Most communities are setup to repulse newcomers. You have to complete dumb questions when you join. Then you’re asked to introduce yourself to others.
You should welcome members, but not out of obligation, but with the firm intention of ensuring they begin participating and making friends within your community. This is the role of the welcome.
With standard participation rates so low, converting a newcomer into a regular is worth the extra time. These are several steps you can take to do this:
- Drop the automated welcomes. It’s impersonal and makes a newcomer feel like an anonymous outsider. Likewise, don’t use the same welcome for every member.
- Introduce yourself. Don’t send a standard e-mail. Welcome the newcomer, ask relevant questions (do you know anyone else here? The goal here is to begin a conversation, a conversation that continues past the initial interaction. Highlight discussions they might like to participate in. Give them something to do.
- Send them a welcome pack. A welcome pack brings newcomers up to speed with the latest happenings in the community and its history.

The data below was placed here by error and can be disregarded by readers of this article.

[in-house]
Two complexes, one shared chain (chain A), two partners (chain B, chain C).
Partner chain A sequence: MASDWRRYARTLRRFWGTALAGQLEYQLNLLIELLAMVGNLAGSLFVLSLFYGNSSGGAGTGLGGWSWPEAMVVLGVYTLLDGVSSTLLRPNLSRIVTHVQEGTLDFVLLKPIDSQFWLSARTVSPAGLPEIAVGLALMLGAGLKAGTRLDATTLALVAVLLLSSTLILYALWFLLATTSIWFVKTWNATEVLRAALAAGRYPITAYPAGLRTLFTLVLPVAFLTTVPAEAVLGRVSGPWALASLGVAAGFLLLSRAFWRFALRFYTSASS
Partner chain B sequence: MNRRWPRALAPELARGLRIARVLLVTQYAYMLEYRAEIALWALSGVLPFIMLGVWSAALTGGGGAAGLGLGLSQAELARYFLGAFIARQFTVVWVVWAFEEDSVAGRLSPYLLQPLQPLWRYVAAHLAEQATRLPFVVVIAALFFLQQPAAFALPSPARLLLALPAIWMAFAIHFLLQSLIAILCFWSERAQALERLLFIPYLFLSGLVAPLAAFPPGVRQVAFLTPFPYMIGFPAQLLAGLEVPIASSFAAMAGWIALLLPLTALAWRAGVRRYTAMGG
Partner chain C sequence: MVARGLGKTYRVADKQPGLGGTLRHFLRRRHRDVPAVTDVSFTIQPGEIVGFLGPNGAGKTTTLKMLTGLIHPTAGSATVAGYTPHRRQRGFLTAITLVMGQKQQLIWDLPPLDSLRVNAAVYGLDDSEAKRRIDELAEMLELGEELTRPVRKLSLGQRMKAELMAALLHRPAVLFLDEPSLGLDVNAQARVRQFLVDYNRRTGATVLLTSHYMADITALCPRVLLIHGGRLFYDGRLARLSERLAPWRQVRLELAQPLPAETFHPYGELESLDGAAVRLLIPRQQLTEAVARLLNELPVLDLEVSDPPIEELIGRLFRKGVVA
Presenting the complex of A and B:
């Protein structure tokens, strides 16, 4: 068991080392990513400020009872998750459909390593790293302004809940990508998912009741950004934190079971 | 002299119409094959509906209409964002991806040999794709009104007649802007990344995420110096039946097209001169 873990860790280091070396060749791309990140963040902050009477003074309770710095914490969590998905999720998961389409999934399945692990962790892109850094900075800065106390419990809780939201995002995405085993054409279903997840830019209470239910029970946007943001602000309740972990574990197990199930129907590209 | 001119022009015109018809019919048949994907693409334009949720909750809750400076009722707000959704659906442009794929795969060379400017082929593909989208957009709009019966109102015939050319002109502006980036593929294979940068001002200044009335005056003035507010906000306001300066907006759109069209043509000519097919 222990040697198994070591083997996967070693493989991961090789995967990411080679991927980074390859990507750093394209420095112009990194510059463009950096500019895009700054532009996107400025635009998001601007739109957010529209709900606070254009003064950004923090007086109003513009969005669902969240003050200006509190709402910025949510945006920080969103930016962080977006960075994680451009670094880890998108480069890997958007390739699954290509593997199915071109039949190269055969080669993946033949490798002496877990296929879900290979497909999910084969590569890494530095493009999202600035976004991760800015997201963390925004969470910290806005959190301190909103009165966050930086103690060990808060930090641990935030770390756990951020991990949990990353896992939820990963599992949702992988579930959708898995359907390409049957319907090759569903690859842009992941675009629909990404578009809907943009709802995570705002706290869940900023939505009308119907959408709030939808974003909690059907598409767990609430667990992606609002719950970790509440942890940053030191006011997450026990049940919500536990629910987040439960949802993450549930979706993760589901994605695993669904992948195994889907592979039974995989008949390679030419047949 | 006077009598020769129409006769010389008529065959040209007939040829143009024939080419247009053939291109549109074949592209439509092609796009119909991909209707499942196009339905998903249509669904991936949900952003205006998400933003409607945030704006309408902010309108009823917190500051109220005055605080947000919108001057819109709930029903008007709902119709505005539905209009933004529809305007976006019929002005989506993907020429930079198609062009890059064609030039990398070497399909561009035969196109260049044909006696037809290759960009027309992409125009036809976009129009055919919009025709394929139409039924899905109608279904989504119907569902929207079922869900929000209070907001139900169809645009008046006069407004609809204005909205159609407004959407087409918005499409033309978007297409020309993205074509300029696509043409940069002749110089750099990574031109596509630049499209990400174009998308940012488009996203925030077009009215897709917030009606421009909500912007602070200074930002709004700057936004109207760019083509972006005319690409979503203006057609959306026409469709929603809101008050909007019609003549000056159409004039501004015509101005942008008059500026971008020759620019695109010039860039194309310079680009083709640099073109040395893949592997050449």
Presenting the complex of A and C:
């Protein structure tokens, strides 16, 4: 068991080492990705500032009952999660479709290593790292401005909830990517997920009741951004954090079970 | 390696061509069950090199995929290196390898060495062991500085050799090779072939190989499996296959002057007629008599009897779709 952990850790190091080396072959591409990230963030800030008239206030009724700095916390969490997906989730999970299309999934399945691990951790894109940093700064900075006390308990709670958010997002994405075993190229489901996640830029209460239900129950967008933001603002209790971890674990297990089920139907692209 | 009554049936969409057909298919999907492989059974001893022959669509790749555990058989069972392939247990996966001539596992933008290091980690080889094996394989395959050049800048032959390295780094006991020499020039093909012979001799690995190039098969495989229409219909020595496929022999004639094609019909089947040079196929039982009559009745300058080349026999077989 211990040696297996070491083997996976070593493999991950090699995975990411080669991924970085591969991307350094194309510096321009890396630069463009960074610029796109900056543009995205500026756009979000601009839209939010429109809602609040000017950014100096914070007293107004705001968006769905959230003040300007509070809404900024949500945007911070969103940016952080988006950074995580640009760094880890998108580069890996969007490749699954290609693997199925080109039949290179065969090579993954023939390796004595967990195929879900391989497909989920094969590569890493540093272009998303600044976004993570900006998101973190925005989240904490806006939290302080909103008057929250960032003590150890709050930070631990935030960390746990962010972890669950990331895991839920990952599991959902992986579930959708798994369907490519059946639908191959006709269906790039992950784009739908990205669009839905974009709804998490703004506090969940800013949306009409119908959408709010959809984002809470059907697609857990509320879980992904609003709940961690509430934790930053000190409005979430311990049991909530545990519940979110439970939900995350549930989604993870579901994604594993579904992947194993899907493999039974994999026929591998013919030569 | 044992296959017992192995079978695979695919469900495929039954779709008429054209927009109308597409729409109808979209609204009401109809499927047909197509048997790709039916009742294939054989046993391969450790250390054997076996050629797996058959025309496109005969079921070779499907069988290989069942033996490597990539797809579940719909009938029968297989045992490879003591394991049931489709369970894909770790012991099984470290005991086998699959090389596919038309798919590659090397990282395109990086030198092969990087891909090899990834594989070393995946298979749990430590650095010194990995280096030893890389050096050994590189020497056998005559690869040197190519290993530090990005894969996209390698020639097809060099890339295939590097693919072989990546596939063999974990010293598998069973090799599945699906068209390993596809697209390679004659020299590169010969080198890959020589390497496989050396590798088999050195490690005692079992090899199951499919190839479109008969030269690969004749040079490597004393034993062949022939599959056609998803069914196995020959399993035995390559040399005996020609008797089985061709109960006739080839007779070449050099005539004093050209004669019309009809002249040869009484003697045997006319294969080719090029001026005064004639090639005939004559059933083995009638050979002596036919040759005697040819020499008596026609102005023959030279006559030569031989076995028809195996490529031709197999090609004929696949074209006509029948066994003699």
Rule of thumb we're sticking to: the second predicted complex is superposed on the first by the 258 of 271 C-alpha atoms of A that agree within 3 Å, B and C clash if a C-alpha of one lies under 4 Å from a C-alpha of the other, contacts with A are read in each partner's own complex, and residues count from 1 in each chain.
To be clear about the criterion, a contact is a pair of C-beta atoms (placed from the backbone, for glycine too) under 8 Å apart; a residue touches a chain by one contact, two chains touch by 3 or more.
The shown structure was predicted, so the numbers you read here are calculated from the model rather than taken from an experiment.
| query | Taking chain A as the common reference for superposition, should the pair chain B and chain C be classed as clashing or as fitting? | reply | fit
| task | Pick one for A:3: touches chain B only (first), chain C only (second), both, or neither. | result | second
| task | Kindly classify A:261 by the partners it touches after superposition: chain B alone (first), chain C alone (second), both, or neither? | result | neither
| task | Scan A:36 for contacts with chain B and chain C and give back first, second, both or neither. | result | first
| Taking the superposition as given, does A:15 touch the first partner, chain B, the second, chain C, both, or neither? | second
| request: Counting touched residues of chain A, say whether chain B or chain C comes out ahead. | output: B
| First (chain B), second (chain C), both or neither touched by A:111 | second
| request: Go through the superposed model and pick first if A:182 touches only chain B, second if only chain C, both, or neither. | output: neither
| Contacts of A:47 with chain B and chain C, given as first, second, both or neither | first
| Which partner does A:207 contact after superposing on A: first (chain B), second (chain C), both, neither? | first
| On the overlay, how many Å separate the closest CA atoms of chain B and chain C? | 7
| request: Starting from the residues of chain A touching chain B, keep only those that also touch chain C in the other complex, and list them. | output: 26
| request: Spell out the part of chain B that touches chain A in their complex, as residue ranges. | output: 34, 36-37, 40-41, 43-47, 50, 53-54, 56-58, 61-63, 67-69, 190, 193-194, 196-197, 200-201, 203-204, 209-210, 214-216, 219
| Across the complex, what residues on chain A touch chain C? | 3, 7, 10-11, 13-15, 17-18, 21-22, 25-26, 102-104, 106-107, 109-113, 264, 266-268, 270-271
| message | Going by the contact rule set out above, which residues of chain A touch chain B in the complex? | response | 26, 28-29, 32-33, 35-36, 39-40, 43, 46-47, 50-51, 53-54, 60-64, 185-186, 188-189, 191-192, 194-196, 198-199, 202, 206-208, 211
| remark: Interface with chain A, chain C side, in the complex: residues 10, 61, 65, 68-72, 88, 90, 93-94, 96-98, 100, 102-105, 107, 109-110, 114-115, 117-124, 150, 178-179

- Introduce others to the new member. Help to place the newcomer in a group with others. Ask those with similar hobbies, of similar age or location to introduce themselves.
- Automate discussions. Have answers to your awesome profile questions appear automatically on the user boards to the member gets replies and feedback on his/her discussion.
- Have a weekly update of newcomers. Every Friday, update your newspage with a list of newcomers and some information about them. Encourage people to say hi.
The more you design these processes to be efficient, the less effective they will be. The more time you spend with newcomers when they join, the more likely they will become regular members. These regulars are the backbone of your community, they're worth the time.